Anxiety & Leaps of Faith

Anxiety & Leaps of Faith

In this episode, I  talk about taking leaps of faith. Taking a leap of faith essentially means to act on something without being certain of the outcome. For example, when you ask someone on a date, you can’t be certain if they are going to say “Yes” until after you ask. Taking action is actually what produces a certain outcome. When it comes to anxiety recovery most of us strive to be certain before we take action. The problem is there is no way to be certain without taking action so we remain stuck. It’s a complete paradox! Taking leaps of faith is your path to achieve a life that is not controlled by fear and anxiety.



All right. Hey my friends and welcome to another episode of the restored mind show. My name's Matt Codde and I'm on this episode. I want to talk about the idea of taking a leap of faith. Now when it comes to, um, you know, working with people with OCD and anxiety and, you know, even in my own recovery process, um, one of the things that I learned is that the leap of faith is, is a necessary step to take in order to get better when it comes to facing, you know, really anything you're afraid of. Right? Cause I mean, in order, in order to have the ability to take a leap of faith, you, you inevitably you want to be certain about something that you can't be certain about. Right? So on a, on this episode, I want to talk about the idea, the idea of taking a leap of faith and what that means.


And so, um, you know, because at any point in our life or, and we've all, or at many points of her life, we've all taken leaps of faith, whether it's, you know, we approached, uh, a significant other or you know, someone we were interested in and we expressed our interest, right? We asked the person out or we asked for their number, right? That right there is an example of a leap of faith that we take, right? Because we don't know the outcome, right? And we have to act to see the outcome, right? And by definition, the leap of faith is you can't know what's going to happen, right? You have to take the step first and then see what happens after. And in most cases, you know, when it comes to anxiety and uncertainty, what did it, what happens is, is we want to be certain about what's going to happen, you know, and, and during this pandemic, I mean, they, you know, that's one of the reasons that I wanted to talk about this this week is we all want to be certain that as we prepare and people are starting to open up businesses, people are starting to open the doors.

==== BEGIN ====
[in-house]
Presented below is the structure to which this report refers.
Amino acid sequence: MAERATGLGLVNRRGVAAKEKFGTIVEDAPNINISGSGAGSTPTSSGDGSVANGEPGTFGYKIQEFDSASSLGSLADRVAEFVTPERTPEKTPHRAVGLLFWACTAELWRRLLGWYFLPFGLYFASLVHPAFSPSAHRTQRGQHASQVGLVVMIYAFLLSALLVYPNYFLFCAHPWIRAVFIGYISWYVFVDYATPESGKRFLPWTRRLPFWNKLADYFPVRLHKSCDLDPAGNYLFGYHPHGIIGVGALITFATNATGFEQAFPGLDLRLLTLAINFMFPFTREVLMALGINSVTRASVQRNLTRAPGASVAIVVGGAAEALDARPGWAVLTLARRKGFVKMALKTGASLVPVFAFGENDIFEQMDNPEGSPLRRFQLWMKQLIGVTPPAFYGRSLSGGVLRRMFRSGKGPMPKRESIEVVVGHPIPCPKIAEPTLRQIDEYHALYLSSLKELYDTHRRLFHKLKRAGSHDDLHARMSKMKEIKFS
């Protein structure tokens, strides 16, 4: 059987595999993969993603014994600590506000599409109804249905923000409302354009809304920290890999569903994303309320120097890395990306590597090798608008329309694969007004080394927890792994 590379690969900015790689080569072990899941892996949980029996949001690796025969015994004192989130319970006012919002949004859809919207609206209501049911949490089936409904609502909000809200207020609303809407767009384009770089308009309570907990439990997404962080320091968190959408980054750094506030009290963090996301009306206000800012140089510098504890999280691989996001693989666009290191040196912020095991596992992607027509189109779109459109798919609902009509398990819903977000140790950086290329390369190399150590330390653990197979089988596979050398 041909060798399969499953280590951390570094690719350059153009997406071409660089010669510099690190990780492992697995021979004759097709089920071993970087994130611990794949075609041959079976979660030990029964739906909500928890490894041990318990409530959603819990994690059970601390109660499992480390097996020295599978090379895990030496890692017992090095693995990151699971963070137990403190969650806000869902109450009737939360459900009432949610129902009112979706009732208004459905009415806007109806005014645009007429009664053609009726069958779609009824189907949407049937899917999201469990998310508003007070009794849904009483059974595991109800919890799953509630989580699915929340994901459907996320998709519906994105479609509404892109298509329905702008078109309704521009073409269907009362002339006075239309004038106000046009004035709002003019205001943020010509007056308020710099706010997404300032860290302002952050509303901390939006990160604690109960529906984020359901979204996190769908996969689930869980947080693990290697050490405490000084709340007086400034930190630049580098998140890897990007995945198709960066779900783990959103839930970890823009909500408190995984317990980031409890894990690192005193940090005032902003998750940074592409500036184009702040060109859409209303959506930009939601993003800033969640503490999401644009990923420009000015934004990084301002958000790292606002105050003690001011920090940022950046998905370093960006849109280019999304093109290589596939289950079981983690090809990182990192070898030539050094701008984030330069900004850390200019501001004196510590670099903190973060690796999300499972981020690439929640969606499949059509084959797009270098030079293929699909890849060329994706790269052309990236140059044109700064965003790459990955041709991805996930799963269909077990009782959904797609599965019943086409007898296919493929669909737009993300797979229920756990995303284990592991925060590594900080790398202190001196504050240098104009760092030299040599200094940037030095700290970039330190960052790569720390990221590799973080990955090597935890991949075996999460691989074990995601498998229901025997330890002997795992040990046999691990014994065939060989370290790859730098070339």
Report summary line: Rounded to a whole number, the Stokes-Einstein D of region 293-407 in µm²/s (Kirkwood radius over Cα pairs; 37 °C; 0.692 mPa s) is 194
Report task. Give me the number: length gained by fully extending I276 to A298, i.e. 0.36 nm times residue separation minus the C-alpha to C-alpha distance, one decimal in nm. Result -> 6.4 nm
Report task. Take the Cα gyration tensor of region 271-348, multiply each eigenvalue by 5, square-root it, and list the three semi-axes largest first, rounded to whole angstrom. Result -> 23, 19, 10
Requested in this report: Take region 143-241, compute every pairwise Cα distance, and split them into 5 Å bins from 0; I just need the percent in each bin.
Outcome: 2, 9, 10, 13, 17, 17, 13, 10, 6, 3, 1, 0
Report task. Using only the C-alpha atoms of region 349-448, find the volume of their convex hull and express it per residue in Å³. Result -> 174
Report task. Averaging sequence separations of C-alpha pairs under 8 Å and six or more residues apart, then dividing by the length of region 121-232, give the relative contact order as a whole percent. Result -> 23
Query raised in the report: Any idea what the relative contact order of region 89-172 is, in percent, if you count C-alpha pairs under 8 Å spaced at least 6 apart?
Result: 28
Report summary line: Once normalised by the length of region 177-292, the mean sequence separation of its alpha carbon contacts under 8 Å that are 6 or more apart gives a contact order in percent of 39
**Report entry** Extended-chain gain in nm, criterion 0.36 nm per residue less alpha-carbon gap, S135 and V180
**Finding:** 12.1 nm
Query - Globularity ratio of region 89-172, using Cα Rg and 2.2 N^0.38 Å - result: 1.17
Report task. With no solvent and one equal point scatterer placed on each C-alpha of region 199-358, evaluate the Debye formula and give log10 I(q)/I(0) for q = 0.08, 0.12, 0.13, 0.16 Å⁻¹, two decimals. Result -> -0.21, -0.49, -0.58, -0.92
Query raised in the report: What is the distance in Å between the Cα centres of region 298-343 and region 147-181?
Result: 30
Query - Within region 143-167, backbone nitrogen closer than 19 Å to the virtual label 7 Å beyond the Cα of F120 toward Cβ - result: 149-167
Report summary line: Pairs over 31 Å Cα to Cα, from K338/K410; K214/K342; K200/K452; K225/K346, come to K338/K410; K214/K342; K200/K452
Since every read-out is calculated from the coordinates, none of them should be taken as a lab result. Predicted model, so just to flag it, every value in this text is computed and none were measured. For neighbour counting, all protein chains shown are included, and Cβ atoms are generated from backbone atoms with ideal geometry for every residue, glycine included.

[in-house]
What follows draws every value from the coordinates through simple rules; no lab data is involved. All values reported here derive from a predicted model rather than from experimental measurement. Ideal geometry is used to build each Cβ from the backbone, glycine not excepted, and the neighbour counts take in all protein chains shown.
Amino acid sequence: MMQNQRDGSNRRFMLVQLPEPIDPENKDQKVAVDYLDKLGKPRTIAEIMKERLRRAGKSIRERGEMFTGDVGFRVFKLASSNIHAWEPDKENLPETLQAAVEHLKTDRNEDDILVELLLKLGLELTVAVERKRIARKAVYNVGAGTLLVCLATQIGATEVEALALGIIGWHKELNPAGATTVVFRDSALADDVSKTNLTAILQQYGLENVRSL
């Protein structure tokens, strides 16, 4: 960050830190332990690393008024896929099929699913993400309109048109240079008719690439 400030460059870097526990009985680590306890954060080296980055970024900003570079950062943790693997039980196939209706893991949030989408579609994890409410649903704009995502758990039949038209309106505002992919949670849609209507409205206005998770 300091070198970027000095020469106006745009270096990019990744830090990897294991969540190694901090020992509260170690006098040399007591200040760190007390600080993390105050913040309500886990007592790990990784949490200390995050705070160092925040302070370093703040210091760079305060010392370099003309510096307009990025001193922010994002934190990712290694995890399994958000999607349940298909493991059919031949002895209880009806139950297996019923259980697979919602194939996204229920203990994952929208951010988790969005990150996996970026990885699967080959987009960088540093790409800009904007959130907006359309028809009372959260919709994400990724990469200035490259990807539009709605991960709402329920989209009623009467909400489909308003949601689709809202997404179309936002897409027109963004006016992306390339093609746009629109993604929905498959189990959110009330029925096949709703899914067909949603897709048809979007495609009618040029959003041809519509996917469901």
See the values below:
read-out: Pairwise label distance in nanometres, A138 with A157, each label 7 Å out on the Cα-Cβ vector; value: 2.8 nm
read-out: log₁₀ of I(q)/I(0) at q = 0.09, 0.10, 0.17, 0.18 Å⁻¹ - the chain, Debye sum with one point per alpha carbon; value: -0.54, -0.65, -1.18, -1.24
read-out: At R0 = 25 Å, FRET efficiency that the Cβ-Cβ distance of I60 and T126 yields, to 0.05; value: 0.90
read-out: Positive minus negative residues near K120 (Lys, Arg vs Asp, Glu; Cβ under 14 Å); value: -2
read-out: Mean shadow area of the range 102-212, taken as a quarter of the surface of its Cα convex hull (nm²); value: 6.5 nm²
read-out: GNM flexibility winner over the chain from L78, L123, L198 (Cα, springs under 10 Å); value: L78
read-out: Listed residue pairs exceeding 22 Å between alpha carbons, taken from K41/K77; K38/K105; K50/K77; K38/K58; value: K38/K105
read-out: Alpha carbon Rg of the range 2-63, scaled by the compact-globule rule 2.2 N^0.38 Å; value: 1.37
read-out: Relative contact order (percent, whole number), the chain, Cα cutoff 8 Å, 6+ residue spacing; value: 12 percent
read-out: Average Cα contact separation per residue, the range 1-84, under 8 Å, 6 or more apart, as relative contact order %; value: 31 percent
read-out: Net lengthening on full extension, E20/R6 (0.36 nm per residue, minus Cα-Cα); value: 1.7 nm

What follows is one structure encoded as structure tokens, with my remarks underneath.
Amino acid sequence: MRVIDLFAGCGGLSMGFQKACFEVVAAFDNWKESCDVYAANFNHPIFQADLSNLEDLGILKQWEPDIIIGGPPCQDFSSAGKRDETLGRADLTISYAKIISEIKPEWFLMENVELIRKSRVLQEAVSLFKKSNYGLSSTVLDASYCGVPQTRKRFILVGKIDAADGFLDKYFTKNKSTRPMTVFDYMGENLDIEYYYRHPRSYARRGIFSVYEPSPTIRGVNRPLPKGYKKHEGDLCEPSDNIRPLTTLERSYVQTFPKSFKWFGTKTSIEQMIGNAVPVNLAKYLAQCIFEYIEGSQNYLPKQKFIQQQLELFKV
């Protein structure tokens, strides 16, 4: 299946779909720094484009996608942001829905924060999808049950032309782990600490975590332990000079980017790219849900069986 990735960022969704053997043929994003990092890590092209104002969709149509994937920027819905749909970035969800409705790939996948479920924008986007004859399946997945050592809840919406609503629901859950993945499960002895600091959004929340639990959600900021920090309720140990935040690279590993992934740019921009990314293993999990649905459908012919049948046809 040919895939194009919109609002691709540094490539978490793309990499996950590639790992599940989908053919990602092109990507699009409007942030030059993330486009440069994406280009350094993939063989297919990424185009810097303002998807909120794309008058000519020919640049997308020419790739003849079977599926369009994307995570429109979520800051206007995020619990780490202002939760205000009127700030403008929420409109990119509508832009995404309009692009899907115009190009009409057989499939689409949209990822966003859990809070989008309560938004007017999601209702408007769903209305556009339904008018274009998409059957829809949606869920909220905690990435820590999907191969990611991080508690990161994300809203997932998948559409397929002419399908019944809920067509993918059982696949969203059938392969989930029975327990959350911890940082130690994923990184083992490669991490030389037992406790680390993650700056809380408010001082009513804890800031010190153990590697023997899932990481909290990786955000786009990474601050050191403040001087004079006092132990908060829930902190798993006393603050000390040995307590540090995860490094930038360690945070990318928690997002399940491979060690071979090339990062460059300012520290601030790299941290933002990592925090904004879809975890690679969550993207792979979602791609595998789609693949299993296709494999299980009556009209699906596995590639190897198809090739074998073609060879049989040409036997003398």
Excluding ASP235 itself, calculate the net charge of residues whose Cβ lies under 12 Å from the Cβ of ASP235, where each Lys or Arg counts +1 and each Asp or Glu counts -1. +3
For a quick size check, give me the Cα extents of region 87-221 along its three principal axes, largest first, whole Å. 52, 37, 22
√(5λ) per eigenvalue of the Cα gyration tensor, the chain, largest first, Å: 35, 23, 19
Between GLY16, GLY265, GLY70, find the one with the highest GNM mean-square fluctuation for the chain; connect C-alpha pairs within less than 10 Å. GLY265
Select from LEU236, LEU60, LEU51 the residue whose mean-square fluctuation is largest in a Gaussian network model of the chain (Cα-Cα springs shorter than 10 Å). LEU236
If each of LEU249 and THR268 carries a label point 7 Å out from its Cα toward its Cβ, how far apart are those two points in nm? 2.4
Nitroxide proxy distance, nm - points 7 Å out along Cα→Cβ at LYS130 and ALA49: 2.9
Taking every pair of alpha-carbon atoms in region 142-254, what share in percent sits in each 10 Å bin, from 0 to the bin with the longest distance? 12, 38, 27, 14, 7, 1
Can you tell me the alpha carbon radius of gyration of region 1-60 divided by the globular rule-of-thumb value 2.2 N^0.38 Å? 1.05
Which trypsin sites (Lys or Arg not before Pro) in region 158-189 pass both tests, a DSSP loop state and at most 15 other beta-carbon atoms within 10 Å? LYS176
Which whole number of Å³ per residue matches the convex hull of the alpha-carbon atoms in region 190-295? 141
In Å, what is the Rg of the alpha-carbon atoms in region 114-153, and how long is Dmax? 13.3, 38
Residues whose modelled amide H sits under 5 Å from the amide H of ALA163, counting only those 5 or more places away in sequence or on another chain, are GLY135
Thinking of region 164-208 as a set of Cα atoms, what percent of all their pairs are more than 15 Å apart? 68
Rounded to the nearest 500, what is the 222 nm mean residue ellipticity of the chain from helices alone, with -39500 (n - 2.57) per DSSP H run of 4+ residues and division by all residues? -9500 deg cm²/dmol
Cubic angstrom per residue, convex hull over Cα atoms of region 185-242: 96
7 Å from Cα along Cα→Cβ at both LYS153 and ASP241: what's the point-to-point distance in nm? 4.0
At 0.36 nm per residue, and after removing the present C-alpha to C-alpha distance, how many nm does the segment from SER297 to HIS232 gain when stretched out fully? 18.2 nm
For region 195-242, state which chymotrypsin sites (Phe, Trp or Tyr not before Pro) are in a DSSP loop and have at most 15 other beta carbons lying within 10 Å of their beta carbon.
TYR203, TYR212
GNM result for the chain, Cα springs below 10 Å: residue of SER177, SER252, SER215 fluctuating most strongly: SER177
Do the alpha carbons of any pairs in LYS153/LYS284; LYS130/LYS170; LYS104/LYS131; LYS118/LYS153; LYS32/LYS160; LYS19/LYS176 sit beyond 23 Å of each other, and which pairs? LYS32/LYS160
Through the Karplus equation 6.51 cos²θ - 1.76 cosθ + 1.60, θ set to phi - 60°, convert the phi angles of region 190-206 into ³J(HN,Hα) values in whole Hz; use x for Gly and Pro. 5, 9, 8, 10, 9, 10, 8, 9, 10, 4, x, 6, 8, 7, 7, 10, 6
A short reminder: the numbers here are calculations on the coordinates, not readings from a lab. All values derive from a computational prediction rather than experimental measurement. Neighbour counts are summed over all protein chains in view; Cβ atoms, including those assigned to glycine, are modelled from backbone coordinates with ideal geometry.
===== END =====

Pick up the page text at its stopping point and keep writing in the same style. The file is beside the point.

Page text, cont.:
We all, we all want to be certain that nothing bad is gonna happen. Things won't get worse. And we want that certainty before we, you know, take action. And the reality is, is that that's just, it's not possible, right? Like you, you will never know that. The only way to ever find that out is to buy is by taking action. Right? And, and I just, you know, I've been watching obviously, you know, some of these, you know, certain States are opening up more and certain businesses even in, um, where I'm from are opening up their doors. And, um, you know, and I understand that one for certainty because when you wrestle with OCD and anxiety that need for certainty is, or that craving, I'll call it for certainty, I wouldn't say I need a craving for certainty is very real, right? You want to be certain about whatever your feared situation is and, but, but it really is only by acting first that we can overcome those situations, right?